Jake's View

Business schools and their 'case studies' are a waste of time

The government is cheating us by gifting a big site to the University of Chicago to build one

PUBLISHED : Tuesday, 16 July, 2013, 12:00am
UPDATED : Tuesday, 16 July, 2013, 5:24am

A top American business school said its self-financing programme would contribute a lot to Hong Kong despite the fact that the course's HK$1.2 million tuition fee has raised a few eyebrows.

SCMP, July 13


I don't have much time for business schools. They all operate on the false premise that advantage in commerce can be had by memorising morality tales called "case studies".

It's false because good judgment is something that you learn at your mother's knee and then refine through a lifetime of interacting with people and learning your business or profession.

Judgment is not something you pick up from notes on what the professor said the company did wrong.

The question to ask the professor is how much experience he or she has had of commerce at a real decision-making level. The invariable answer is none at all, except perhaps for a stint with a consultancy, which is just business school written in a different script. Talk of the blind leading the lame.

If there is a real advantage in commerce to be had from any formal course of studies, then it comes from studying accountancy. This is the language in which business doings are written.

Learn to read a set of accounts properly and it is like opening your eyes. The story becomes apparent in detail that words can never bring you.

Put this together with the apprenticeship of a junior position in whatever industry you find yourself and you are on your way to becoming someone of real insight and importance in that industry.

You won't get there, however, by the mediaeval notion to which business schools subscribe: that understanding can be had from studying the modern equivalent of the lives of the saints (as seen from an American perspective that ignores differing views).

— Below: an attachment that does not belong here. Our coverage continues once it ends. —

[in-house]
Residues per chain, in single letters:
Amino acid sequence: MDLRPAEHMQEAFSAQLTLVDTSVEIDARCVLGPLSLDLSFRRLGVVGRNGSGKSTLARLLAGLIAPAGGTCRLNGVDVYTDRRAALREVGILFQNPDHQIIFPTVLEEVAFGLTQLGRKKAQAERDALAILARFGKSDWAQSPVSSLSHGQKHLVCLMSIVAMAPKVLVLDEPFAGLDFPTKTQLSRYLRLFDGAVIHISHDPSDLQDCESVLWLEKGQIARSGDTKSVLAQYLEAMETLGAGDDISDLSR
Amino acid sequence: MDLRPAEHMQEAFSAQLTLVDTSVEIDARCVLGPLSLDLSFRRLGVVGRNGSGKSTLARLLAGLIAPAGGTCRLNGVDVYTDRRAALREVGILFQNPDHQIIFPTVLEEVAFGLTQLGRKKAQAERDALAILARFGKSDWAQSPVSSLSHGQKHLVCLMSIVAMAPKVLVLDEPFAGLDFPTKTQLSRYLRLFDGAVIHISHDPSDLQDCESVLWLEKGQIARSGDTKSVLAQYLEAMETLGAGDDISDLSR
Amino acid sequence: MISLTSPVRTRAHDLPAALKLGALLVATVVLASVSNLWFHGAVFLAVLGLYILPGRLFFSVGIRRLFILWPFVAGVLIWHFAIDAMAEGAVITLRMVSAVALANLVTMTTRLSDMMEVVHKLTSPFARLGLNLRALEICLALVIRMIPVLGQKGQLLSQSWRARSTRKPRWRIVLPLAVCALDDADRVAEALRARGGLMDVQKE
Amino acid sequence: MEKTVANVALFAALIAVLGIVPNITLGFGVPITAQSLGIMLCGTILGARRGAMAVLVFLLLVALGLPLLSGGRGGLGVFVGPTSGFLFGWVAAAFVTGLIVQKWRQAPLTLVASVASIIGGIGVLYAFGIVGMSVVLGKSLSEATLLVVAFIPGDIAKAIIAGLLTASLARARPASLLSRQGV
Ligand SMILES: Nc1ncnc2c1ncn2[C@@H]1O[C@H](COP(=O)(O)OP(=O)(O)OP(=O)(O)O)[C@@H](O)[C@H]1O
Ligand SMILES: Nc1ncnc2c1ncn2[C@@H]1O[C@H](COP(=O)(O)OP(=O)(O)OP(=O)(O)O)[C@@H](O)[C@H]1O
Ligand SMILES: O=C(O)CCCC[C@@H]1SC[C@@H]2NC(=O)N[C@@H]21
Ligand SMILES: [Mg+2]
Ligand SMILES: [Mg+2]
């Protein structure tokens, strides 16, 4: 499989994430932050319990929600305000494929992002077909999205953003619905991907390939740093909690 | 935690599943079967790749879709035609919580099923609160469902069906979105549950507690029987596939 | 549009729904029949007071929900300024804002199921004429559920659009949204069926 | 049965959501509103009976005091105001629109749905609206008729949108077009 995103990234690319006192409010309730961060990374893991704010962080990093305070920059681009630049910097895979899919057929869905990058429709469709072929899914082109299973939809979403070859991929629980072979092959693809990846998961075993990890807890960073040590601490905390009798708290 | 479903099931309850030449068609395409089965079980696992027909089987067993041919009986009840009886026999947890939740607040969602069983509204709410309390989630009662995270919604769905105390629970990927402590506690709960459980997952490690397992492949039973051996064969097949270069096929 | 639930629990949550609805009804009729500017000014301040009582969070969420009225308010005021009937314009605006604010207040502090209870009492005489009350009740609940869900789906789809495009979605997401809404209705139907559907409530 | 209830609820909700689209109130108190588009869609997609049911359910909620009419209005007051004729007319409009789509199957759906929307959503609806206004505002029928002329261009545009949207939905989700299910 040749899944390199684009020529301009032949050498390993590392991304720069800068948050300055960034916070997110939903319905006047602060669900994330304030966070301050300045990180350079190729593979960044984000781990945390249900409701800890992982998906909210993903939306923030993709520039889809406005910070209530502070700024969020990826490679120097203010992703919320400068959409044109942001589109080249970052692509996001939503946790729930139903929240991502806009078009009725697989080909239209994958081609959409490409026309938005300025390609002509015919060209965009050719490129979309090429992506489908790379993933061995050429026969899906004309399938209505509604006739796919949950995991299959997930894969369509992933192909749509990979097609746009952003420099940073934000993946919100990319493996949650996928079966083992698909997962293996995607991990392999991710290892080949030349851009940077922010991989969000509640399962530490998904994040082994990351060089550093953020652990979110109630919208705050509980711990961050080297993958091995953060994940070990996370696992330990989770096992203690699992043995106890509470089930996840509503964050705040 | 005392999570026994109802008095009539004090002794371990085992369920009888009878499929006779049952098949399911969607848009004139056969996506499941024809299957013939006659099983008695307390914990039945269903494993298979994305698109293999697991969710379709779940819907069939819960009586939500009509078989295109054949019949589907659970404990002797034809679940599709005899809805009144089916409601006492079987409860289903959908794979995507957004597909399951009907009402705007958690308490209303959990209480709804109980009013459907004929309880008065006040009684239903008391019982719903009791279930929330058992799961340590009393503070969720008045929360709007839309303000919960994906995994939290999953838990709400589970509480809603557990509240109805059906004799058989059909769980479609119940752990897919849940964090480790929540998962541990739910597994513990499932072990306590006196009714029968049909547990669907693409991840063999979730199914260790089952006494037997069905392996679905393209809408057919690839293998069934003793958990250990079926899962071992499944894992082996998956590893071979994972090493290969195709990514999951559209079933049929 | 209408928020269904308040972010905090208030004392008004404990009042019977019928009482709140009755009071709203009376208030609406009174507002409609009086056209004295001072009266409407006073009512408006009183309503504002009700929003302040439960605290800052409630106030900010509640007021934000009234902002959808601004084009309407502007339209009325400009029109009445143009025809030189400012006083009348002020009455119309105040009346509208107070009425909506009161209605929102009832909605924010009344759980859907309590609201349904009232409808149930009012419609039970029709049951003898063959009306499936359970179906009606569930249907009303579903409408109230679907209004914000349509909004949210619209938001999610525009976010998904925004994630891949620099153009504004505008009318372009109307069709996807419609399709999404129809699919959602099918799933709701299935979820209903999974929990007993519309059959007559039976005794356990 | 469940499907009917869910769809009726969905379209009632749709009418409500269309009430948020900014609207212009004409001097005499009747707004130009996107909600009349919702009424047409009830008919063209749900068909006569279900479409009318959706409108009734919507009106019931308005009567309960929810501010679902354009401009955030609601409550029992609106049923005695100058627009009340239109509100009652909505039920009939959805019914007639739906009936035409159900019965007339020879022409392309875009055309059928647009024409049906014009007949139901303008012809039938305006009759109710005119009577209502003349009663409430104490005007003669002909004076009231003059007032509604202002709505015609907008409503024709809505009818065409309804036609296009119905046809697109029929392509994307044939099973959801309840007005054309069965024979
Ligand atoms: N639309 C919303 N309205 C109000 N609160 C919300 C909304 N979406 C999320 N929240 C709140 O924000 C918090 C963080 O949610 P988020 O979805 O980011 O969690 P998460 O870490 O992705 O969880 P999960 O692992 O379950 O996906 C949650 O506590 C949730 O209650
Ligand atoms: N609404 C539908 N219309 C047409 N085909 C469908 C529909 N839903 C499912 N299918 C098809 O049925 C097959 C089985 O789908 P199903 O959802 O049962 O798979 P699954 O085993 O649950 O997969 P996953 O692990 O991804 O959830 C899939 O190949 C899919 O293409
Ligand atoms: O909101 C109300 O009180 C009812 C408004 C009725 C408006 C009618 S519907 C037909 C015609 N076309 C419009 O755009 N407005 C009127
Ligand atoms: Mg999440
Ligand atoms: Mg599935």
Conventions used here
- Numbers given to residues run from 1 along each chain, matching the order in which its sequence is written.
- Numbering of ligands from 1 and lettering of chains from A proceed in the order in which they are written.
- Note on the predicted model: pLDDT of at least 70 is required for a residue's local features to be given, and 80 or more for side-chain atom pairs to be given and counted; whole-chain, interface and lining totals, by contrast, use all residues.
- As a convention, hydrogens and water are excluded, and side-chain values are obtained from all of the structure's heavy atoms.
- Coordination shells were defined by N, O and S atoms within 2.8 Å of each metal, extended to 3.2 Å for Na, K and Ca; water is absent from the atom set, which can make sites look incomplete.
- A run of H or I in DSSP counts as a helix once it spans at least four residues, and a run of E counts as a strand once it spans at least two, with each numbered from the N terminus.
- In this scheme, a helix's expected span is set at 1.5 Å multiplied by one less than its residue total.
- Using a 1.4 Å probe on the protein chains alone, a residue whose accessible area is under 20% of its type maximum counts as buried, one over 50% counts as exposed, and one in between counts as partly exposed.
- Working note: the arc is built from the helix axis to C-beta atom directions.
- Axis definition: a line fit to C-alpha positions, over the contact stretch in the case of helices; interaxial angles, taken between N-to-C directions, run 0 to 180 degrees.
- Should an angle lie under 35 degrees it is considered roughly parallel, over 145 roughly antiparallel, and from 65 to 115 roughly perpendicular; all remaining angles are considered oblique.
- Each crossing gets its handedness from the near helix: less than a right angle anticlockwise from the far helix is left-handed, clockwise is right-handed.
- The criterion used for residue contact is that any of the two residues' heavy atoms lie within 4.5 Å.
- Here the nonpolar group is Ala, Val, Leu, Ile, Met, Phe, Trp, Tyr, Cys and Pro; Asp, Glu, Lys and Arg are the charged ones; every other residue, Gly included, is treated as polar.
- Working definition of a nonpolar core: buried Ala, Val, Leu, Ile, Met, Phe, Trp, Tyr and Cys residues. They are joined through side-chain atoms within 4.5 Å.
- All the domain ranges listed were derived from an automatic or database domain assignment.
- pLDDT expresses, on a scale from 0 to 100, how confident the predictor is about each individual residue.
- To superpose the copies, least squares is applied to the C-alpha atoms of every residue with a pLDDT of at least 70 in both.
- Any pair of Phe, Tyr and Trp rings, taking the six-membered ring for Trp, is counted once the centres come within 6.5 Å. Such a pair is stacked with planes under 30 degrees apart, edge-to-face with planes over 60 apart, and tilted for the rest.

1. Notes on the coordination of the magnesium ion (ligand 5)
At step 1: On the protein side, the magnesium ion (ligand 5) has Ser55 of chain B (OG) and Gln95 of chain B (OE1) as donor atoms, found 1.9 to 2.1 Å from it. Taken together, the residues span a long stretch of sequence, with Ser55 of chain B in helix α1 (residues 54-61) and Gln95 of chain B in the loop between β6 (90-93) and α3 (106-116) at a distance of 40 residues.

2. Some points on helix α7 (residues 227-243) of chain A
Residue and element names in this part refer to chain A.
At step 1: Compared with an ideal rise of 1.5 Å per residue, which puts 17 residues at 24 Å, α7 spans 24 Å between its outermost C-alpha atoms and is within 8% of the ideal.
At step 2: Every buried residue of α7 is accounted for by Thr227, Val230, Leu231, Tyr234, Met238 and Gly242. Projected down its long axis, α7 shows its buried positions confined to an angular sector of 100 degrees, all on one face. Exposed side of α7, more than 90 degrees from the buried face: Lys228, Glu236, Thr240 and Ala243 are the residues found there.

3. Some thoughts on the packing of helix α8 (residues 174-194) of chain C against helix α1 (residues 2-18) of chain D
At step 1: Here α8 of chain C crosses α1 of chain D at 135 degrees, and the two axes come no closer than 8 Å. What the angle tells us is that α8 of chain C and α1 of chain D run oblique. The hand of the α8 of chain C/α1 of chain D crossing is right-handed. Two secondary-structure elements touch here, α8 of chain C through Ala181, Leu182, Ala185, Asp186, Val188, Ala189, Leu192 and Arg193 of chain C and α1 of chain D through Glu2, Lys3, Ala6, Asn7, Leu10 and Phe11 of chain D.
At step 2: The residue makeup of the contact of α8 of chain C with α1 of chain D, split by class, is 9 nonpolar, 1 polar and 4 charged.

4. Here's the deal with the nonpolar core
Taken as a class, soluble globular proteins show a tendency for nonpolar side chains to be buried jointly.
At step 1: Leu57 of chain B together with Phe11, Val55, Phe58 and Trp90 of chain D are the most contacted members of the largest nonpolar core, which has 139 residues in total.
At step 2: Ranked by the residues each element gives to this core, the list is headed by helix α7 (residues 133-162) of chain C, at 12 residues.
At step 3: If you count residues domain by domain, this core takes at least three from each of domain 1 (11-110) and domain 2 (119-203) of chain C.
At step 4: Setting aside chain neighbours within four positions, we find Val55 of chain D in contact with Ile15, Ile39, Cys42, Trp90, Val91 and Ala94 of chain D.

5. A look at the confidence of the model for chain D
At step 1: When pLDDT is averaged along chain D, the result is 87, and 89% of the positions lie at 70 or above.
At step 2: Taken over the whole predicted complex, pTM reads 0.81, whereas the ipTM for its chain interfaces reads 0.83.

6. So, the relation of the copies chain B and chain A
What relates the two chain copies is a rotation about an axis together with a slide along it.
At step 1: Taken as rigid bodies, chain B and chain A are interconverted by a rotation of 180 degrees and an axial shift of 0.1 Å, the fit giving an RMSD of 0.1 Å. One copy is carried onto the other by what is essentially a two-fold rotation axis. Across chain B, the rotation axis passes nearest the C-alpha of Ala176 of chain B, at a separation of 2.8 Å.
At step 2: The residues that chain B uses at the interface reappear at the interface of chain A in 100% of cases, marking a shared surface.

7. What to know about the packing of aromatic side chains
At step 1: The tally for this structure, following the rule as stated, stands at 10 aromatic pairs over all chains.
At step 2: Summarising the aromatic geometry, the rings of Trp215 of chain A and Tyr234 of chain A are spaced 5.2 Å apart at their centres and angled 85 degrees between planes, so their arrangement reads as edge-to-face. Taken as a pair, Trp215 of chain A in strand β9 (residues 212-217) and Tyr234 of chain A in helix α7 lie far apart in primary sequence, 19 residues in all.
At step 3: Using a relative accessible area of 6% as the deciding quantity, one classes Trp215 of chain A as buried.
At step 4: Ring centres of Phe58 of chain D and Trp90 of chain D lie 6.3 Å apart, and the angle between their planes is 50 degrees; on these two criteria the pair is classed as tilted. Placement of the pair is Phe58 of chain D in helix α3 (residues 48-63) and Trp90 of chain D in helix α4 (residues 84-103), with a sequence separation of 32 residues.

All that this can give you is a perverted code of ethics, which recognises profit alone and scorns the joy that so many successful business people reckon is the true reward for having built something of social value. You'll quickly be spotted, too. Avarice is not actually a virtue in business dealings, especially not with people who really matter.

But I can understand why our bureaucrats decided to accommodate the University of Chicago Booth School of Business with the effective free grant of a 72,000 square foot site on Mount Davis.

They have given Singapore one in the eye. This business school has abandoned the lofty Lion City to move to Hong Kong. Ohhh, doesn't it feel good. Take that, you snobs!

You will note, however, that this project is not really self-financing, as it claims. We have given it a huge subsidy.

The public purse has forgone the billions of dollars that any developer would have paid to build housing on that land, while our bureaucrats proclaim to be desperate to address housing issues. No one seemed to think of housing in this case. How odd.

You will also have noted the HK$1.2 million tuition fee. Here is a course of studies for the rich, of the rich, by the rich. We may find some Hong Kong students attending it eventually. Then again, we may not. This will be a school for the pampered children of corrupt party officials in China.

But just as well, perhaps. As the chart shows, more than a quarter of our workforce is already composed of degree holders, double the ratio of only 15 years ago, and these graduates increasingly complain there are no good jobs around.

They are wrong. There are plenty of good jobs just begging for skilled tradesmen to fill them. Would there happen to be such a thing as the University of Chicago Toilet Booth School of Plumbing?